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Childhood Vaccinations


Michael J. Smith

, MD, MSCE, Duke University School of Medicine

Reviewed/Revised Nov 2021 | Modified Sep 2022

Vaccination protects children against many infectious diseases. Vaccines contain either noninfectious components of bacteria or viruses or whole forms of these organisms that have been weakened so that they do not cause disease. Giving a vaccine (usually by injection) stimulates the body's immune system to defend against that disease. Vaccination is also called immunization because it produces a state of immunity to disease (see also Overview of Immunization Overview of Immunization Immunization (vaccination) helps the body defend itself against diseases caused by certain bacteria or viruses. Immunity (the ability of the body to defend itself against diseases caused by... read more ).

Vaccine Effectiveness

Vaccines have eliminated smallpox Smallpox Smallpox is a highly contagious, very deadly disease caused by the variola virus. The disease is now considered eliminated. There have been no cases of smallpox since 1977. People can acquire... read more Smallpox and have nearly eliminated other infections, such as polio Polio Polio is a highly contagious, sometimes fatal enterovirus infection that affects nerves and can cause permanent muscle weakness, paralysis, and other symptoms. Polio is caused by a virus and... read more , that were once common causes of chronic health issues or death in children. Despite this success, it is important for health care practitioners to continue to vaccinate children. Many of the diseases prevented by vaccination are still present in the United States and remain common in some parts of the world. For example, in 2019, there were 1,249 cases of measles, mostly in unvaccinated people. This is the greatest number of measles cases in the United States since 1992. These infections can spread rapidly among unvaccinated children, who, because of the ease of modern travel, can be exposed even if they live in areas where a disease is not common.

Vaccine Safety

Vaccines that are approved for clinical use are generally safe and effective. No vaccine (or other medication) is 100% effective and 100% safe. A few vaccinated children do not become immune, and a few develop side effects. Most often, the side effects are minor, such as pain and redness at the injection site, a rash, or a mild fever. Very rarely, there are more serious problems.

Vaccines are continuously undergoing improvements to ensure safety and effectiveness. Improvements include the use of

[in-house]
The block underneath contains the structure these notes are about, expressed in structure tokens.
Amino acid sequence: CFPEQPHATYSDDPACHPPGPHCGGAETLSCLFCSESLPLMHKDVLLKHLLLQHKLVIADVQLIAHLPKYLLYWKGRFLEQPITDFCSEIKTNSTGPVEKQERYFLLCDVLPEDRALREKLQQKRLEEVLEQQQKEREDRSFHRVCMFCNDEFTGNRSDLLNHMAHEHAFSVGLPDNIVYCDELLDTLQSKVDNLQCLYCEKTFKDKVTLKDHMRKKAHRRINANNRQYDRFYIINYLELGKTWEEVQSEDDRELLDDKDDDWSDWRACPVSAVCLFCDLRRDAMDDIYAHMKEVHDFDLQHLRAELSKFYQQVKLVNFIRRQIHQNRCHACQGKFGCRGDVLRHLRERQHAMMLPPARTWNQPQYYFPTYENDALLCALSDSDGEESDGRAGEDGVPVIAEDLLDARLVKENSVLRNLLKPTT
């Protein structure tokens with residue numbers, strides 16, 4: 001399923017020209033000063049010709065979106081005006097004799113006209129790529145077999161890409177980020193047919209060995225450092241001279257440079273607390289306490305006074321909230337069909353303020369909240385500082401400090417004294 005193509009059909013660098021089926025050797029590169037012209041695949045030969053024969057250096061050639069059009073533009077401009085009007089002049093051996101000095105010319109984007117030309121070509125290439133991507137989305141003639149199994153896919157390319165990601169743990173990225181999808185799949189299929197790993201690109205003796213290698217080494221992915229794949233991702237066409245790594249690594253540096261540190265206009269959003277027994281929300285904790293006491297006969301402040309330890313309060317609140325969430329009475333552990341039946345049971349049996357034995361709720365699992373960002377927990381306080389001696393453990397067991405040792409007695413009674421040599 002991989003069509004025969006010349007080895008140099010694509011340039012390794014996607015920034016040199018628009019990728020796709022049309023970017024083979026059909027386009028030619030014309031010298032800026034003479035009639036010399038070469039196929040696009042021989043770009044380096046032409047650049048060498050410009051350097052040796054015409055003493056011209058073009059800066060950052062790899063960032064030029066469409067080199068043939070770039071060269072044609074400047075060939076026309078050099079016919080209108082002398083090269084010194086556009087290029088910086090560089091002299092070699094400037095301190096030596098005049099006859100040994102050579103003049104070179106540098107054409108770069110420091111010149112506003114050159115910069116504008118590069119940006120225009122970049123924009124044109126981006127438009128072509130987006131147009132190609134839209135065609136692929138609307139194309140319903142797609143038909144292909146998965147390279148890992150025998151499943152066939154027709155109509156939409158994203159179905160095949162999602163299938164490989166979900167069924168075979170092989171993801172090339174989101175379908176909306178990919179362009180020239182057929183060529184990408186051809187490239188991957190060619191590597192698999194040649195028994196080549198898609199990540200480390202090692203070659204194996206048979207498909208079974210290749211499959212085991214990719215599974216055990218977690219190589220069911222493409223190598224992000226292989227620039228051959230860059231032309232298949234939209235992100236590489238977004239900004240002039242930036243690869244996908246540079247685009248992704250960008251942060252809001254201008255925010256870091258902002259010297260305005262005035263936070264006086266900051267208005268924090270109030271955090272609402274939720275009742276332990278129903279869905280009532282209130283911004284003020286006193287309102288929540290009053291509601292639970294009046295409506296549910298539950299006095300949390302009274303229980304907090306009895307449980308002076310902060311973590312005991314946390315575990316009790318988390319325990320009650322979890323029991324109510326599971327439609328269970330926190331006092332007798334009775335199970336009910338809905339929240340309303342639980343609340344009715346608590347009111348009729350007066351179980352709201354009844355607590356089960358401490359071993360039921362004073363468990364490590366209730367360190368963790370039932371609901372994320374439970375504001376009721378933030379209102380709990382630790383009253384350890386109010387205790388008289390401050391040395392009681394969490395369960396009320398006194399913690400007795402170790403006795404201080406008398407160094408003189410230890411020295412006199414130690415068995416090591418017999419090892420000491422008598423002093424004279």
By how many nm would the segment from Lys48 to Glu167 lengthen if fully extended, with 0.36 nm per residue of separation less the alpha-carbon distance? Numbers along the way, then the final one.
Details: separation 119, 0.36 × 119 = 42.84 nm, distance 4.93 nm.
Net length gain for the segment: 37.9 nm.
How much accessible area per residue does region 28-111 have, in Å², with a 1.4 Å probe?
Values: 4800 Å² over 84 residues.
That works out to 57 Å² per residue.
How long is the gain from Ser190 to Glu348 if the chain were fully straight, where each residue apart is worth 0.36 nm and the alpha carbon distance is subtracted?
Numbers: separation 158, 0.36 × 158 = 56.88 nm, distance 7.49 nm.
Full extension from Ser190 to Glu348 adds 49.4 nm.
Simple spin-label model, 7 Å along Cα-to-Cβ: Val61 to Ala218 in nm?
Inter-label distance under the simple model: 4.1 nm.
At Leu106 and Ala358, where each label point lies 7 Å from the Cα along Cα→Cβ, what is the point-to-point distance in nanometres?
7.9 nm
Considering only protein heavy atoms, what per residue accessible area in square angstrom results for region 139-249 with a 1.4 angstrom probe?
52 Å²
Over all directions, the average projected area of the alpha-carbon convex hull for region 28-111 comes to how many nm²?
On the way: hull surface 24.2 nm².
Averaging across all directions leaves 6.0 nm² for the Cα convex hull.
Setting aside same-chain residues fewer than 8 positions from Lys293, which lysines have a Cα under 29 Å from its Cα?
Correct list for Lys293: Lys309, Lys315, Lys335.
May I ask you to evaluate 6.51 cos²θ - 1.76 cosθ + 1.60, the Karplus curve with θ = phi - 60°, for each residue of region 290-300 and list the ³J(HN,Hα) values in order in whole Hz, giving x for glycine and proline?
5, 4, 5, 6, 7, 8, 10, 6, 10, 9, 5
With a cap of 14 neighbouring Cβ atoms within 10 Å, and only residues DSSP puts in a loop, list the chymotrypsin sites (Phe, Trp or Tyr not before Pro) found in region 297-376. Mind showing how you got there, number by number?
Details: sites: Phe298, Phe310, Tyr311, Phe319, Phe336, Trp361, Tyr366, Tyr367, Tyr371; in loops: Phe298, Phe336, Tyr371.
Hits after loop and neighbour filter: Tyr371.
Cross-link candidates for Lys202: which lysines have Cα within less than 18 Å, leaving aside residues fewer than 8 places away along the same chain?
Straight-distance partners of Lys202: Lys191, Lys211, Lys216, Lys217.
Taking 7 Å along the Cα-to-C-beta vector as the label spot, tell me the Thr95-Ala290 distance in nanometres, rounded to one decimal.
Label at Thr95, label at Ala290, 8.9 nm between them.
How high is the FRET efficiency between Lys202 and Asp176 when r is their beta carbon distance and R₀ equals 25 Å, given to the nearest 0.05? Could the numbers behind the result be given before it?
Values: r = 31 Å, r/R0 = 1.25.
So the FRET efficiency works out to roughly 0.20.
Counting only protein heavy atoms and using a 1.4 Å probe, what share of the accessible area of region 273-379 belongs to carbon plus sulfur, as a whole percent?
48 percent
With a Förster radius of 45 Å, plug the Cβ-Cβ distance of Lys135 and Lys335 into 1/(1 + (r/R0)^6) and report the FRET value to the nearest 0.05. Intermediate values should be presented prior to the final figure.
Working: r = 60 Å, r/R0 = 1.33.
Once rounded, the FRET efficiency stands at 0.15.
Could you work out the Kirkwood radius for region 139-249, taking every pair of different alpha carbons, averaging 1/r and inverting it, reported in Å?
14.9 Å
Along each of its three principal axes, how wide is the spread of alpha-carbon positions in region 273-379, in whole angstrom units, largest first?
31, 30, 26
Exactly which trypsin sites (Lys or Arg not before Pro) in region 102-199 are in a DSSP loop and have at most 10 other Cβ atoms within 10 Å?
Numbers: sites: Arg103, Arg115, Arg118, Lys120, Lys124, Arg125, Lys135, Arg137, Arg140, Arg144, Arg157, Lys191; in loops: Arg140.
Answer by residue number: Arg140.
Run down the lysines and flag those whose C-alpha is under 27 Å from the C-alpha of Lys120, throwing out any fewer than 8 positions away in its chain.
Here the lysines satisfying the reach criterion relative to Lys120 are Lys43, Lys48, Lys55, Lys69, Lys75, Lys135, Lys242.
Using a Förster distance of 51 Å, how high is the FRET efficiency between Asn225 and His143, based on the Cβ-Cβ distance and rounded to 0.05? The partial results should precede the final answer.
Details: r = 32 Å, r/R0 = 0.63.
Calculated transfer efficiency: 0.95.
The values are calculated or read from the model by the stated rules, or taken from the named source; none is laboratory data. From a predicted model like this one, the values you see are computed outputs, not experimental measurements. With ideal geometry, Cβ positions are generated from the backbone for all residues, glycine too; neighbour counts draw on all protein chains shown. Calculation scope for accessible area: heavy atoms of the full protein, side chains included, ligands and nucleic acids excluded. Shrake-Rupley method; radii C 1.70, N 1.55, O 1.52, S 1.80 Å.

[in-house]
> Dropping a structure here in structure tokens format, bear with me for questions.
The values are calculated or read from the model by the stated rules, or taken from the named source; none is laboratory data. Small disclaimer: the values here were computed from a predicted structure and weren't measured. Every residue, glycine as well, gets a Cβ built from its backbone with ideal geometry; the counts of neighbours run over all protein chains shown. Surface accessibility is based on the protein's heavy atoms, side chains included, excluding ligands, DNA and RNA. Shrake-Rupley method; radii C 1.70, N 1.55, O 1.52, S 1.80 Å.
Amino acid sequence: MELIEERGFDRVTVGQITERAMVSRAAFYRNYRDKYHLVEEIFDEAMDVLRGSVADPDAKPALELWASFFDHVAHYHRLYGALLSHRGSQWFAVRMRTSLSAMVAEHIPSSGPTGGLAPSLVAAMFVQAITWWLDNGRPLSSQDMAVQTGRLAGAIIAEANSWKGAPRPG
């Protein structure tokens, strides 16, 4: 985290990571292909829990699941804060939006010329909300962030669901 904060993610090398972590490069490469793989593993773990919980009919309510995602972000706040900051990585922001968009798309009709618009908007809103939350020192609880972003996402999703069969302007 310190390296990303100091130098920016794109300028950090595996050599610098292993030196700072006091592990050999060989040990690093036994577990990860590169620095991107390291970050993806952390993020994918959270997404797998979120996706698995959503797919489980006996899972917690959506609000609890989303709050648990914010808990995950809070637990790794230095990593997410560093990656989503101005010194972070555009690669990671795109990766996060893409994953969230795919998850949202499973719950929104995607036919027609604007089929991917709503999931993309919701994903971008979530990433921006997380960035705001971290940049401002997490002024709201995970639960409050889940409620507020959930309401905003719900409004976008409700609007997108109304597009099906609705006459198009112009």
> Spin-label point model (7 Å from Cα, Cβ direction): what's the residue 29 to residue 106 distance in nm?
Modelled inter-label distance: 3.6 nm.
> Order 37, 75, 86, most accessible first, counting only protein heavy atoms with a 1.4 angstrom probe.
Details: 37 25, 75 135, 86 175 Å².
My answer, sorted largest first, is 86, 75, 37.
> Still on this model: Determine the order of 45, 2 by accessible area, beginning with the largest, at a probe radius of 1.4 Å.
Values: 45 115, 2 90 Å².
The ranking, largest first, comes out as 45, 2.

OPV, which is made of a live, weakened virus, can cause polio if the weakened virus mutates. This is rare and happens once in every 2.4 million children. In the United States, IPV is used, but some countries use OPV because the risk is extremely low and the oral vaccine is less expensive and easier to administer.

Vaccine Adverse Event Reporting System (VAERS)

Before a new vaccine can be licensed, it, like any medical product, is tested in controlled clinical trials How Doctors Try to Learn What Works Doctors have been treating people for many thousands of years. The earliest written description of medical treatment is from ancient Egypt and is over 3,500 years old. Even before that, healers... read more . Such trials compare the new vaccine to a placebo or to a previously existing vaccine for the same disease to assess whether the vaccine is effective and identify common side effects. However, some side effects are too rare to be detected in any reasonably sized clinical trial and do not become apparent until after a vaccine (or other medication) is used routinely in many people. Thus, a surveillance system called the Vaccine Adverse Event Reporting System (see VAERS) was created to monitor the safety of vaccines that are used in the general public.

VAERS is a safety program cosponsored by the U.S. Food and Drug Administration (FDA) and the Centers for Disease Control and Prevention (CDC). It is used to collect reports from people who believe that they had a side effect after a recent vaccination and from health care practitioners who identify certain possible side effects after a vaccine was given, even if they are unsure the effects are related to the vaccine. Thus, the existence of a VAERS report is not proof that a vaccine caused a certain side effect. VAERS is simply a system for collecting data about things that might be side effects. Then, the FDA can further evaluate the concern by comparing how often the possible side effect occurred in people who were vaccinated to how often it occurred in people who were not vaccinated.

National Vaccine Injury Compensation Program

To help people evaluate the risks and benefits of vaccination, the U.S. government requires doctors to give parents a Vaccine Information Statement each time a child is vaccinated. Also, the National Vaccine Injury Compensation Program has been established to compensate people with proven vaccine-related injuries. This program was established because doctors and health authorities want as many children as possible to be protected from life-threatening diseases.

When considering the risks and benefits of vaccination, parents must remember that for most children the benefits of vaccination far outweigh the risks.

More Information

The following are some English-language resources that may be useful. Please note that THE MANUAL is not responsible for the content of these resources.

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